No doubt you have seen and heard of people tracking their sleep, ensuring they’re getting enough REM throughout the night to recover appropriately from their training.
So why is this so important?
Other than the term ‘rest and digest’ which is specifically our parasympathetic nervous system taking over, getting enough sleep allows for our body to repair and restore to keep us going for the next day. There are a few important factors we should look at to ensure we are treating our body to the sleep it deserves.
HRV – Heart Rate Variability
Heart rate variability refers to the variation we have between heart beats. Using this variable to track your sleep is important as it is an indicator of how our autonomic nervous system is working. To be more specific, a higher HRV indicates, a higher level of resilience and flexibility within your hormonal system. The higher the HRV ultimately shows that your body has the ability to perform at a higher level.
Although it is highly individual and you should track it over time to ensure the data is accurate to you, an average HRV for younger individuals will be in the 55-105 range.Any HRV lower than this is shown when either the sympathetic nervous system is taking over or the latter, the autonomic nervous system.
So how do we use this and change our habits to improve it?
Looking at things like stress, training intensity, rest days and appropriate nutrition will all have a positive or negative effect on your result.
If possible, with an Apple Watch or Fitbit, start tracking it and see what small life alterations you can make to improve it.
Also know as ‘Rapid Eye Movement’.
This is the period of sleep in which your brain is being repaired for increased memory retention, increased capacity to think and process things the next day. It is vital for long term education and growth. Rem sleep is also the state in which you dream and have the most brain activity – unfortunately decreasing in time as you age.
So how do we optimise the amount we get every night?
By ensuring that we get enough hours to have full cycles of both deep and REM sleep – so jump into bed those few hours early where possible. Every minute counts.
The amount of time we get every night is also important – looking back at REM sleep, there are also 3 other stages of sleep that play a key part in our function day to day.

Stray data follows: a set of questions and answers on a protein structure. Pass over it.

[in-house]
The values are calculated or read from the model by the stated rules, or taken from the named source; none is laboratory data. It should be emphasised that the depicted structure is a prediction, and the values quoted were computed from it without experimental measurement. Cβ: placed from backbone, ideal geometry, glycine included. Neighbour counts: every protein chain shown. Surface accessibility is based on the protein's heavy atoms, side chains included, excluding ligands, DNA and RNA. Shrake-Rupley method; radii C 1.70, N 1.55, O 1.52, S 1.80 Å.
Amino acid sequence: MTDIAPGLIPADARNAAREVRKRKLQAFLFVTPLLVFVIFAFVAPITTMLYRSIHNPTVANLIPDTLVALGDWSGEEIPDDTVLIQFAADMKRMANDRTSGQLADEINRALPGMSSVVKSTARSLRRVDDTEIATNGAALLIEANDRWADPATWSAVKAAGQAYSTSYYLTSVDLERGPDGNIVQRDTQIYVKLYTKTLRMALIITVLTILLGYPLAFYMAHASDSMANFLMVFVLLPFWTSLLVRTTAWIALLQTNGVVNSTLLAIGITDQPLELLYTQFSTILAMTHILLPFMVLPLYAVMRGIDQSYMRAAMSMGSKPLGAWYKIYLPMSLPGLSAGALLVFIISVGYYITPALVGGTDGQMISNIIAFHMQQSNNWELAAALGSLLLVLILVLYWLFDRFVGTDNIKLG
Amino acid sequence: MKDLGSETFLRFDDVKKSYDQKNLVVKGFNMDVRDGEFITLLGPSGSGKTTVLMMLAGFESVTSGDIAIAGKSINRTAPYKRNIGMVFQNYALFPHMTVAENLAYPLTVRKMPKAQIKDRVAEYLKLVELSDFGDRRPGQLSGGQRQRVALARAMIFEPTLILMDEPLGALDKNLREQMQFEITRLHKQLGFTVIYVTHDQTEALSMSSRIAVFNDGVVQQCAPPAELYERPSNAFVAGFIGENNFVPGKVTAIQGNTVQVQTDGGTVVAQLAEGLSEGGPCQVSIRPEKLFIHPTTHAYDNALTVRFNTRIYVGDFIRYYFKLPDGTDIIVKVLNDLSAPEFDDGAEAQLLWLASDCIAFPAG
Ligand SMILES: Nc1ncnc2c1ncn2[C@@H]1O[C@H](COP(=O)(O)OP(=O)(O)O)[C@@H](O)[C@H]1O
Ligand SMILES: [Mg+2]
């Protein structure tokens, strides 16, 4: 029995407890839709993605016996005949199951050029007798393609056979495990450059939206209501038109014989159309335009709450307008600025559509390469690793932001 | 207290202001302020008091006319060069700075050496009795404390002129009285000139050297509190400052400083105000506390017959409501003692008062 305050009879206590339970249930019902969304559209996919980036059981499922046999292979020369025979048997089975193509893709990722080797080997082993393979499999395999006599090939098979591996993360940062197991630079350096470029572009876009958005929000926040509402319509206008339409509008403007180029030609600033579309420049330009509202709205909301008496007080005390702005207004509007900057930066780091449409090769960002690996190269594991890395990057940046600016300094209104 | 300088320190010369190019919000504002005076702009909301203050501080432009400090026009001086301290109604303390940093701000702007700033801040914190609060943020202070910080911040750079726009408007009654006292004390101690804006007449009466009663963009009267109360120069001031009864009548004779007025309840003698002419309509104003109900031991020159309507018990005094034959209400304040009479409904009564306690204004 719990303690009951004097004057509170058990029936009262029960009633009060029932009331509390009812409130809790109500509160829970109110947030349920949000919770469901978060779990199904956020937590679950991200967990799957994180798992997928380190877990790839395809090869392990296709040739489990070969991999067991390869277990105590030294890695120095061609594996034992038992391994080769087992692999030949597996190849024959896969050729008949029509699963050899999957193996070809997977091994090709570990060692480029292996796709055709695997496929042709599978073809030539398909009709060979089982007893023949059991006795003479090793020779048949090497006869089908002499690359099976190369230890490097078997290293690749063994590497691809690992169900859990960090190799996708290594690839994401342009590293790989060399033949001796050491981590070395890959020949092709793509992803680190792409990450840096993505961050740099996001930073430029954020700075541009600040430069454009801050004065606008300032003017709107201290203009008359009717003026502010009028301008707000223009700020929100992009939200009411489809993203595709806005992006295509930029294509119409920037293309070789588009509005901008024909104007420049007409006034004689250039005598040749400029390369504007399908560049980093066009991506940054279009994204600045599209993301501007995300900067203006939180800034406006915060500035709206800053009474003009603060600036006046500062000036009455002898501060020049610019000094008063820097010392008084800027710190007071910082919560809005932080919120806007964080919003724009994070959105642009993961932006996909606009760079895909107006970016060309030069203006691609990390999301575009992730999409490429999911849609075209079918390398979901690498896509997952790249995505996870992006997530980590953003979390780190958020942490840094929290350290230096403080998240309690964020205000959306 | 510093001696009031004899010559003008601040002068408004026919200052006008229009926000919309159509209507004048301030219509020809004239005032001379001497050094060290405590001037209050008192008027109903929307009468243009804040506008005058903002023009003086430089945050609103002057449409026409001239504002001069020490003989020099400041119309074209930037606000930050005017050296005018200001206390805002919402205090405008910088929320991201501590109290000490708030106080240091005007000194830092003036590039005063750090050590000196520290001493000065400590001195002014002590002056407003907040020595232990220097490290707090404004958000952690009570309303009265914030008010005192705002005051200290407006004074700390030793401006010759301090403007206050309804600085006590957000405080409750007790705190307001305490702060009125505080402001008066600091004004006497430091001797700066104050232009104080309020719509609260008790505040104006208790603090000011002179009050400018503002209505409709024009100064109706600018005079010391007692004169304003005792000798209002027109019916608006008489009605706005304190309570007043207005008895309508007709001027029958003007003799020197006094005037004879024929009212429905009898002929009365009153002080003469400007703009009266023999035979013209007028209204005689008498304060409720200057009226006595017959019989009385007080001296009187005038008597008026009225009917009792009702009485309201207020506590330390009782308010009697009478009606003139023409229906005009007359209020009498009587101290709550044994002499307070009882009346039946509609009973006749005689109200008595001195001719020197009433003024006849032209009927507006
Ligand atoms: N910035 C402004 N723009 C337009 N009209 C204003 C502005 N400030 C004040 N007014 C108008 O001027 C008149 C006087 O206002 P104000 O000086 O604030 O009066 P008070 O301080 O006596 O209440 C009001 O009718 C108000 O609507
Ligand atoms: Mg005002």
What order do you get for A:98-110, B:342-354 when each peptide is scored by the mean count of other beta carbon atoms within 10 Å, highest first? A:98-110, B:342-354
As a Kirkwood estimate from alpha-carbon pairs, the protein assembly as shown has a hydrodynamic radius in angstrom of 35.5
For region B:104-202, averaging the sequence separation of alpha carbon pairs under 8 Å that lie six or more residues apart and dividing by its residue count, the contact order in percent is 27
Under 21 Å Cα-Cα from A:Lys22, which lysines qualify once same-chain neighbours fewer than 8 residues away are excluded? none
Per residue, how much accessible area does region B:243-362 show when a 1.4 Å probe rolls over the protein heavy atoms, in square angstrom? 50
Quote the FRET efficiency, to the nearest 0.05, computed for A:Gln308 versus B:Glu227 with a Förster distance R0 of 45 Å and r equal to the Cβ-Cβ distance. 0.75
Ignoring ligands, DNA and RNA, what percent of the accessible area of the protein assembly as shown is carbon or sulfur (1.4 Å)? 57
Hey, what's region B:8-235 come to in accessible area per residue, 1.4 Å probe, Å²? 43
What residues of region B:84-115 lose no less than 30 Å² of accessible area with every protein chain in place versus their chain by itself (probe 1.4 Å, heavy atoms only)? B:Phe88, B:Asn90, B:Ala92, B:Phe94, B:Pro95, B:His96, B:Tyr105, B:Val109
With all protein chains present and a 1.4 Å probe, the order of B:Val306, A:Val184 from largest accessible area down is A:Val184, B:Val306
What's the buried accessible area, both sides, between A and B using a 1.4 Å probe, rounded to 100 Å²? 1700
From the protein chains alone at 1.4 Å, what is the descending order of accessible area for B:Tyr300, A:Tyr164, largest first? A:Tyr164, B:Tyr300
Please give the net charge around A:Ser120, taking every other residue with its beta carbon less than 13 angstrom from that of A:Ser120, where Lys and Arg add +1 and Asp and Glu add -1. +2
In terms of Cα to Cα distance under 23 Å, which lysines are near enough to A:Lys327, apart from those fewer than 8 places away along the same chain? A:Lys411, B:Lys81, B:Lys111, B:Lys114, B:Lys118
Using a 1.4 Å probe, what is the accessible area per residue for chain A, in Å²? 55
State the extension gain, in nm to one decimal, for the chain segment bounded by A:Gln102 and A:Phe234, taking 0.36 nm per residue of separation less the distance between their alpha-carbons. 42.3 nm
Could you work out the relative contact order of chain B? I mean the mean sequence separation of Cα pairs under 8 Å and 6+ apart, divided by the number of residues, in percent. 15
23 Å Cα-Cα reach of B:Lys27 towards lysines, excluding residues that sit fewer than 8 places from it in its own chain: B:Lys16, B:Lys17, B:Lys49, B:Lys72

Let’s look at the non- REM stages:
Stage 1 – when you’re first heading to sleep and your transitioning from being awake to drifting off. It is the lightest sleep stage your body will experience.
Stage 2 – the stage before you enter deep sleep. This is when your muscle and body relaxes, your heart rate slows and your eye movements stop. Your brain activity is also reduced. Stage 2 is where you will spend majority of the night, it is the most repeated stage within the cycle.
Stage 3 – the deepest of all stages. This is the stage that you need to have to feel refreshed when you wake up. Your brain waves almost entirely stop and it will nearly be impossible to wake you. Your heart rate will be at its lowest and you will be at a point of complete relaxation.
Now the length of time for sleep is not specific as every individual is different and can appropriately function with more or less hours.
What Is important is that we make sure we are providing our own bodies with the time required to see what we actually need and not assume that 4 hours is sufficient. This may mean we need to prioritise sleep over training super early or super late, or to leave a social occasion an hour earlier.
If we are consistent we will get to know our bodies better and treat them to the sleep they deserve.
So what have we been doing to track our sleep?
This alarm clock app features the ability to use your microphone on your device to monitor your movements, breathing and even snoring through the night to monitor your quality of sleep.
It even provides the option to measure your waking Heart rate using your pointer finger to the camera upon waking.
This is then combined with the health app to calculate your HRV.
The benefit of this app is it can also be used to wake you gently within a 30 minute window to ensure you are not suddenly woken from your deep sleep.
This app can also be used directly on your Apple Watch if you need to have a quieter alarm for those early morning gym sessions 😉
Free option available or the pro version is $2.49 in the Apple Store.
Again, using an Apple Watch, this looks further into your heart rate patterns, your stillness and your waking heart rate.
Using this information is can notify you of your readiness score for the day based on your recovery from the day prior. For optimal results, upon waking, it is recommended to use the breathe app provided on your watch to monitor your HRV.
It analyses data and provides you with trends and offers suggestions to optimise sleep every night.
We found this particularly useful for our crazy schedules and every changing working hours.
Available for $5.99
This app unfortunately does not offer a free version, but is totally worth the extra few dollars.
Give sleep tracking a go and see how you are trending in the next few weeks!
Marcelo Campos, M. (2020). Heart rate variability: A new way to track well-being – Harvard Health Blog. Retrieved 8 June 2020, from https://www.health.harvard.edu/blog/heart-rate-variability-new-way-track-well-2017112212789
Normative Elite HRV Scores by Age and Gender – Elite HRV. (2020). Retrieved 17 June 2020, from https://elitehrv.com/normal-heart-rate-variability-age-gender